Roughly 19 million students in the United States are enrolled in university undergraduate or graduate studies, and most of them attend classes onsite and keep college campuses across the country bustling with activity. As in any area where large groups of people gather, safety is a primary public concern in college and university settings.
Course completion and student success percentages are significantly increased at higher education institutions that have introduced Equitable Access (EA) programs, especially two-year institutions. The establishment of an EA program means every student will have the same opportunity and tools needed for success. The unique financial challenges faced by every student act as barriers to student success and retention.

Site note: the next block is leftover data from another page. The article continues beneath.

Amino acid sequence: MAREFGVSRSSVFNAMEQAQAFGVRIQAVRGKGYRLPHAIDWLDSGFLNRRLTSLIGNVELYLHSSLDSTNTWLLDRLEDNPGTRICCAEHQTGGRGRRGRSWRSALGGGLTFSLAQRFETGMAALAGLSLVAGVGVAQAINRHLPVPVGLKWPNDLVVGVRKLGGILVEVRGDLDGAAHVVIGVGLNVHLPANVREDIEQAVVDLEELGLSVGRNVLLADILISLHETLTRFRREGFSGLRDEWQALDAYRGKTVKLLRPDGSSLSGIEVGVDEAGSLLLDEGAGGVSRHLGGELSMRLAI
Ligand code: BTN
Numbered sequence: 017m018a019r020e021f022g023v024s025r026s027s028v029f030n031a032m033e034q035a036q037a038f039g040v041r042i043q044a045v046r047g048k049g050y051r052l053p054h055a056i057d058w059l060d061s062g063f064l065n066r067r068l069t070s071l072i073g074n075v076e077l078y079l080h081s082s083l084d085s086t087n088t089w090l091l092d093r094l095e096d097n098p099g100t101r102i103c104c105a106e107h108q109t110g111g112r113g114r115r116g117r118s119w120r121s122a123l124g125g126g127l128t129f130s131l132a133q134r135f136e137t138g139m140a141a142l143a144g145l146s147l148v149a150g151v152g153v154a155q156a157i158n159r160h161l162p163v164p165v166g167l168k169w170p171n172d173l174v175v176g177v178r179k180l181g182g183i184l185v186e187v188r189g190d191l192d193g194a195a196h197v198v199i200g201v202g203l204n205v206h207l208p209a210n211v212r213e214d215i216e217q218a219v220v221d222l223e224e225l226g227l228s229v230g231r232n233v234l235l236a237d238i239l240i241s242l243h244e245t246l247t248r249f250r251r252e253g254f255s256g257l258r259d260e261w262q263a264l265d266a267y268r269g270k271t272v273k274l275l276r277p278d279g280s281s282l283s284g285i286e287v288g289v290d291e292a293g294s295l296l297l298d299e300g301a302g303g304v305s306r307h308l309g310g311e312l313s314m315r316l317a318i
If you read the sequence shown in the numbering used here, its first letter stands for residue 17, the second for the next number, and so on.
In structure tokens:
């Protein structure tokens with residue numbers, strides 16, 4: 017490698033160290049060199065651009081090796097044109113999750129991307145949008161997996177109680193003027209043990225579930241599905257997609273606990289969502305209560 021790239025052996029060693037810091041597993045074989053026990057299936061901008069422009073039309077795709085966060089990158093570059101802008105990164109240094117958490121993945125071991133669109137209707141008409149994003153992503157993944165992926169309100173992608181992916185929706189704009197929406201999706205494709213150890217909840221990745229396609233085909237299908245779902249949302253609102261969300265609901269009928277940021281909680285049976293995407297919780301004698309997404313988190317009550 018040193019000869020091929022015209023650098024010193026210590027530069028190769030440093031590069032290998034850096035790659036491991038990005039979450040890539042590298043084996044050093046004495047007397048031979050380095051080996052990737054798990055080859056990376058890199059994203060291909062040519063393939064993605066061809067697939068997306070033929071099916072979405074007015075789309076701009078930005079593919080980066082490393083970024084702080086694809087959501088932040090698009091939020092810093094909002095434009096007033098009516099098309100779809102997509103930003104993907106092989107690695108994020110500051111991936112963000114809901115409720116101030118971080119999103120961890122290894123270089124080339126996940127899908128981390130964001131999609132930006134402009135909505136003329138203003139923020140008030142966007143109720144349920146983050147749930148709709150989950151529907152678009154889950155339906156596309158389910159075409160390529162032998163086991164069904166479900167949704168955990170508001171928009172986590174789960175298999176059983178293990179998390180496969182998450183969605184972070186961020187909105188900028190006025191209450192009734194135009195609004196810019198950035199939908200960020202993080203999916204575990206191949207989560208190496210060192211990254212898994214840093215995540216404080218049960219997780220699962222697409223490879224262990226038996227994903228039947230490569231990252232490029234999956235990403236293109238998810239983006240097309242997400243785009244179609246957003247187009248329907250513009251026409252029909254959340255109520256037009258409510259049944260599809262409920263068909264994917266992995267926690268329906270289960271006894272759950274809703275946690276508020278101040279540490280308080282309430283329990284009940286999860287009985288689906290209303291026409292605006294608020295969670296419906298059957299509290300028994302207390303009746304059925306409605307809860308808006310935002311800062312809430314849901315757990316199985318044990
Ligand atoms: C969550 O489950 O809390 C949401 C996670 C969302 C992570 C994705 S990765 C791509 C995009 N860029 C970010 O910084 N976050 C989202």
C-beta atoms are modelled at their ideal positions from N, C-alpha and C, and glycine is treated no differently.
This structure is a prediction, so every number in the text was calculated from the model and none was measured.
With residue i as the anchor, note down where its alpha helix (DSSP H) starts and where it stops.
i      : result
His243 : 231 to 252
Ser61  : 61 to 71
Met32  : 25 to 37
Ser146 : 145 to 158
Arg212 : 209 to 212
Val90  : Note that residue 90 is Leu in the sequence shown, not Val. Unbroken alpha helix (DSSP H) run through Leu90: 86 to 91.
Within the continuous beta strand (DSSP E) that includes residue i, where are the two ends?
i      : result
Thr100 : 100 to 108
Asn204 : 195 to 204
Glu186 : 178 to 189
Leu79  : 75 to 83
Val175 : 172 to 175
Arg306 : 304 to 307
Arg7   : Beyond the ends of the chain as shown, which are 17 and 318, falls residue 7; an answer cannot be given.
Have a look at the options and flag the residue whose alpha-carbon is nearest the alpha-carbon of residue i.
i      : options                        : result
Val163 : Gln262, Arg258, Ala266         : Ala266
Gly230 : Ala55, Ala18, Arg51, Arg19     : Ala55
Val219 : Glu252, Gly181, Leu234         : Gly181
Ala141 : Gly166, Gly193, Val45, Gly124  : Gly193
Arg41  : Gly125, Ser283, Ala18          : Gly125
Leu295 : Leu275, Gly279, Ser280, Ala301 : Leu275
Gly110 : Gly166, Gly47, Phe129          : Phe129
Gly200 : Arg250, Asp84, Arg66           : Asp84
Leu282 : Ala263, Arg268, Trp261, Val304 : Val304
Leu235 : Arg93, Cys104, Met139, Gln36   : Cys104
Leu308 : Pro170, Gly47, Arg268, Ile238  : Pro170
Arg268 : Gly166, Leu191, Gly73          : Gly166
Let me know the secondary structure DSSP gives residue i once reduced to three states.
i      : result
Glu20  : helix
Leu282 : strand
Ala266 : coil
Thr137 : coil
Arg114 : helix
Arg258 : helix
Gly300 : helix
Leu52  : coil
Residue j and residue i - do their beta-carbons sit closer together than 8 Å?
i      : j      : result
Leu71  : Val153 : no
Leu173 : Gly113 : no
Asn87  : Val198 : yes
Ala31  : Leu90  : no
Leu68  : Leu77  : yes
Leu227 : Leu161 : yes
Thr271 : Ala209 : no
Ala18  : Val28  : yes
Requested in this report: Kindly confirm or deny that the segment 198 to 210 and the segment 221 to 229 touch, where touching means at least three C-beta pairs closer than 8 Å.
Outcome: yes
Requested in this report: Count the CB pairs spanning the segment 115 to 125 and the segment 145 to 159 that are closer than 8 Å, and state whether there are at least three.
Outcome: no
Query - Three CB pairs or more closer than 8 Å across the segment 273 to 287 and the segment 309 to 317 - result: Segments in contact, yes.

Most organizations have either adopted the cloud or have plans to adopt the cloud in some capacity in the coming years, creating more employment opportunities in the cloud market. This is a competitive job market, and students who have had their hands in the cloud are going to be more attractive to hiring businesses.
The completion of the academic year offers educators a unique opportunity for introspection, evaluation, and strategizing. Equipped with the insights from recent student feedback, instructors are well positioned to reflect on the successes of the term, as well as identify areas where more could be done to elevate the students’ learning experience. One such area for assessment is often the accessibility aspects of their course content.